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5 Tips for Cooking Wagyu Beef Like a Master

waygu beef

There’s nothing like cooking up the best steak Seattle has to offer right in your own kitchen. Whether you’re thinking of whipping up a small weekday dinner for two or hosting an evening in with friends, a fresh, local steak may be the perfect addition to your menu. What’s great about cooking Wagyu for friends and family is that it’s a damn delicacy! It’s beautiful marbling, tenderness and palatability are just a few reasons why Wagyu is thought by many to be one of the best, if not the best, cuts of meat on the market.

 

We get it though … not everyone is a master cook, much less a Wagyu expert. You don’t have to be a top chef to enjoy a delicious meal at home. With a few fail-proof tips, we’ll have you cooking Wagyu in no time. Here are five tips to help you cook Wagyu beef at home in the comfort of your own kitchen.

1. BUY YOUR WAGYU FROM A TRUSTED, LOCAL SOURCE
butcher shop

“Wagyu” exclusively describes meat that’s derived from Japanese breeds of cow. It can come from brown, polled, shorthorn or black cows. 

 

This type of meat is most characterized by its marbled intramuscular fat, which makes it delicious and extremely tender. Two of the most famous varieties of Wagyu beef are Kobe beef—named after the Japanese city, Kobe—and Snow Beef from Hokkaido.

Up until 2012, authentic Japanese Wagyu wasn’t available in the United States due to the Japanese beef ban. As a result, there’s still beef being marketed as Wagyu that isn’t authentic. One of the biggest differences between Japanese Wagyu and inauthentic meat is the presence (or absence) of the marbled intramuscular fat, which makes a big difference when it comes to taste. 

 

 

Wagyu is often an expensive cut of meat (and for good reason), so you want to ensure that you’re buying from a trusted butcher shop who takes pride in where they source their meat. Make sure you’re paying for authenticity and quality. Here at Lady Jaye, the majority of our meat comes from Pure Country Farms who prides itself on sustainable, traceable, free-range beef and pork. But we also source F1 Cross Wagyu from local, sustainable farms, and bring in A5 Wagyu straight from Japan. Amen to that!

2. SEAR YOUR WAGYU IN A CAST IRON PAN

In order to cook the best steak Seattle has at home, you’ll want to break out your cast iron pan. Regardless of whether the Wagyu is from Japan or America, you’re going to get the best results by cooking Wagyu in a cast iron pan. You’re able to accomplish the perfect sear using cast iron, without over-roasting your Wagyu. Using cast iron also means you don’t need to break out any fancy techniques, like reverse searing or sous vide. Even a complete beginner can handle this method without breaking a sweat.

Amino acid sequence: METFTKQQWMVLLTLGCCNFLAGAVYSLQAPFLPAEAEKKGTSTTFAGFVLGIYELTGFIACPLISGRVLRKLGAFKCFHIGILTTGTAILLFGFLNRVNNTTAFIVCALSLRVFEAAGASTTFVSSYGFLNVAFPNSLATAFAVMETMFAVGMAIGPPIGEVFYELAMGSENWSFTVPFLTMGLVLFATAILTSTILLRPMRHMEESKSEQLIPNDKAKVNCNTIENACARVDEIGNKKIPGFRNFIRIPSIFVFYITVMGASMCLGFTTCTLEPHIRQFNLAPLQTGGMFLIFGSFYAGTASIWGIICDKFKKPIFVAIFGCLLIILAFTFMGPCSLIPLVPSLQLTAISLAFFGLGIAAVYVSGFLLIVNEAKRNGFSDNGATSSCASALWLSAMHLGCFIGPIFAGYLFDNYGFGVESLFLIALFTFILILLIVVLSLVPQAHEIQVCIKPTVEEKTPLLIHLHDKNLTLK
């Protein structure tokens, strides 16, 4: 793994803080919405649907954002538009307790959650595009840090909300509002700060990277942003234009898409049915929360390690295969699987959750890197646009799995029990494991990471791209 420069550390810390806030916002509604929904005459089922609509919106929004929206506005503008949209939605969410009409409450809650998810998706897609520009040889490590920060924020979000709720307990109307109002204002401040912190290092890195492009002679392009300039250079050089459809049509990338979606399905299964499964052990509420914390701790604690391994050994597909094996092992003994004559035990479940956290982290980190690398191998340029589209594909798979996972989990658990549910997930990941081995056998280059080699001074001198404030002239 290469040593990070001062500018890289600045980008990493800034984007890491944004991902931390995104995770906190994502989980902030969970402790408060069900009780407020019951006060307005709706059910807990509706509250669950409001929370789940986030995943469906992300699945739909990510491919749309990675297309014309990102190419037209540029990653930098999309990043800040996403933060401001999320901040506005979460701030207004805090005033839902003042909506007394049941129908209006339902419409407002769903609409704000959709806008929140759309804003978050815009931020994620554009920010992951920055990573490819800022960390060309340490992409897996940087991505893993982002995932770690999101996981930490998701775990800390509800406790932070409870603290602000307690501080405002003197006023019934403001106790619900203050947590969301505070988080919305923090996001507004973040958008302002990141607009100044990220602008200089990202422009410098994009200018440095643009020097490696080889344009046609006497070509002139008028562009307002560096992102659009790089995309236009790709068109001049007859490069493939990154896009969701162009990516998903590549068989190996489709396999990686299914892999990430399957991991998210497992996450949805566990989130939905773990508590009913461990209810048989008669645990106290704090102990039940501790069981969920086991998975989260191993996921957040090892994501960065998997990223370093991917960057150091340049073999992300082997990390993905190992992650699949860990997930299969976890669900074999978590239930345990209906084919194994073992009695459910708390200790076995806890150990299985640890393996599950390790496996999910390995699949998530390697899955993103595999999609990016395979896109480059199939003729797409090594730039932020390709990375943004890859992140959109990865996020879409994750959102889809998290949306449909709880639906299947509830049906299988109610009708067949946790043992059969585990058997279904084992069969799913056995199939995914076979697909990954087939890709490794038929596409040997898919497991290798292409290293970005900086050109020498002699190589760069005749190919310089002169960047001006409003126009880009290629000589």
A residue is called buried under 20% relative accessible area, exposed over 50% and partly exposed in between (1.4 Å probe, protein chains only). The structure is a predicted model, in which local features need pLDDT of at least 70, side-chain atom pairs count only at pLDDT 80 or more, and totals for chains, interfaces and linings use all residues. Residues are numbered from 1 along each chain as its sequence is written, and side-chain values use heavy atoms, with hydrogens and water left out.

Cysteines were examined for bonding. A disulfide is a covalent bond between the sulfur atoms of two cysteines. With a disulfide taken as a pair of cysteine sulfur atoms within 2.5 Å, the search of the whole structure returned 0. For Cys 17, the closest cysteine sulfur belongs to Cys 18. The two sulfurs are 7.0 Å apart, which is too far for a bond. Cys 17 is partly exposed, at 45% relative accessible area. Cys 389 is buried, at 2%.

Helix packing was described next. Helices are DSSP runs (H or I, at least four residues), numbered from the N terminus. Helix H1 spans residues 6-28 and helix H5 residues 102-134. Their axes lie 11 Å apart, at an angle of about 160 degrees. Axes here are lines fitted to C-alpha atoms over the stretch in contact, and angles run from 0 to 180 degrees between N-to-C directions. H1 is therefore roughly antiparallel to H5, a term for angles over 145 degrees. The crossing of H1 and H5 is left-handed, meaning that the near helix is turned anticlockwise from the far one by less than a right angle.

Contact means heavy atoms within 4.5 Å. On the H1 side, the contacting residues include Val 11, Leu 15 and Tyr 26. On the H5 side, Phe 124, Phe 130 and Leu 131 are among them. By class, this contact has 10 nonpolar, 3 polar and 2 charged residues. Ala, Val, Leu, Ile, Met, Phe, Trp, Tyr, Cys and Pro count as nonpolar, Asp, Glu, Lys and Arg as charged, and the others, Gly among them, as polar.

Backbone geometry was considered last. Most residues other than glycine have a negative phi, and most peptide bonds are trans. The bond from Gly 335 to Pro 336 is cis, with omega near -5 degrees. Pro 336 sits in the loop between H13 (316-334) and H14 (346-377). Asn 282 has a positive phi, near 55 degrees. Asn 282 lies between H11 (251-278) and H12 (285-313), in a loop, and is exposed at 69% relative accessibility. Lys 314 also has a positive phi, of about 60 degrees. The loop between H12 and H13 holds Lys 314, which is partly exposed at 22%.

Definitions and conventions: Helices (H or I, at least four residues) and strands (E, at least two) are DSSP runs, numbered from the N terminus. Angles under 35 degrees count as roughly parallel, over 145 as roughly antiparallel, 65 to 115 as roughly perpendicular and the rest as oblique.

3. AVOID COOKING YOUR WAGYU OVER A GRILL

If you want to accomplish an even cook, you’re going to want to avoid cooking your Wagyu over a grill. Grills tend to get too hot, too quickly making it very difficult to properly cook this style of meat. When using a grill, many people find that before the inside of the steak reaches the correct temperature, the outside tends to get over-seared. 

 

You also run the risk of flare-ups using a grill, particularly if you’re cooking with Japanese beef, because of its fat content. If you insist on cooking with a grill, you’ll want to be an experienced cook who knows how to regulate heat, otherwise you might end up with charred and bitter steak.

4. UNDERSTAND THE DIFFERENCE BETWEEN COOKING JAPANESE AND AMERICAN WAGYU

If you compare Japanese and American Wagyu, one of the first differences you’ll notice is the thickness of the cuts of meat. Japanese steaks are characteristically much thinner than their American counterparts. This means that Japanese Wagyu cooks faster. Searing on the outside of a Japanese Wagyu steak means that it has also cooked through internally. You’ll want to cook Japanese Wagyu until it’s medium.

 

Cuts of American Wagyu tend to be much thicker, so you’ll need to flip it a few times until you have a mouthwatering crust. You should be cooking American Wagyu to an internal temperature between 125-135℉ (medium rare) for best results.

5. KEEP IT SIMPLE
Wagyu Seattle

You might have the impulse to add butter or aromatics to your pan when you cook up your Wagyu, but think twice before adding anything. If you’ve bought some of the most quality local meat Seattle has to offer, it might not need any extra fixings. Let your Wagyu stand on its own. You might be surprised how good it is all on its own.

 

For more tips, tricks and Wagyu Seattle meat cuts, visit Lady Jaye’s meat shop. You don’t have to be a professional to cook up a beautiful cut of meat. Using these tips, you’ll have the confidence to cook a mouthwatering steak and enjoy it in the comfort of your own home.

Heard enough? Order your fresh cuts of meat now!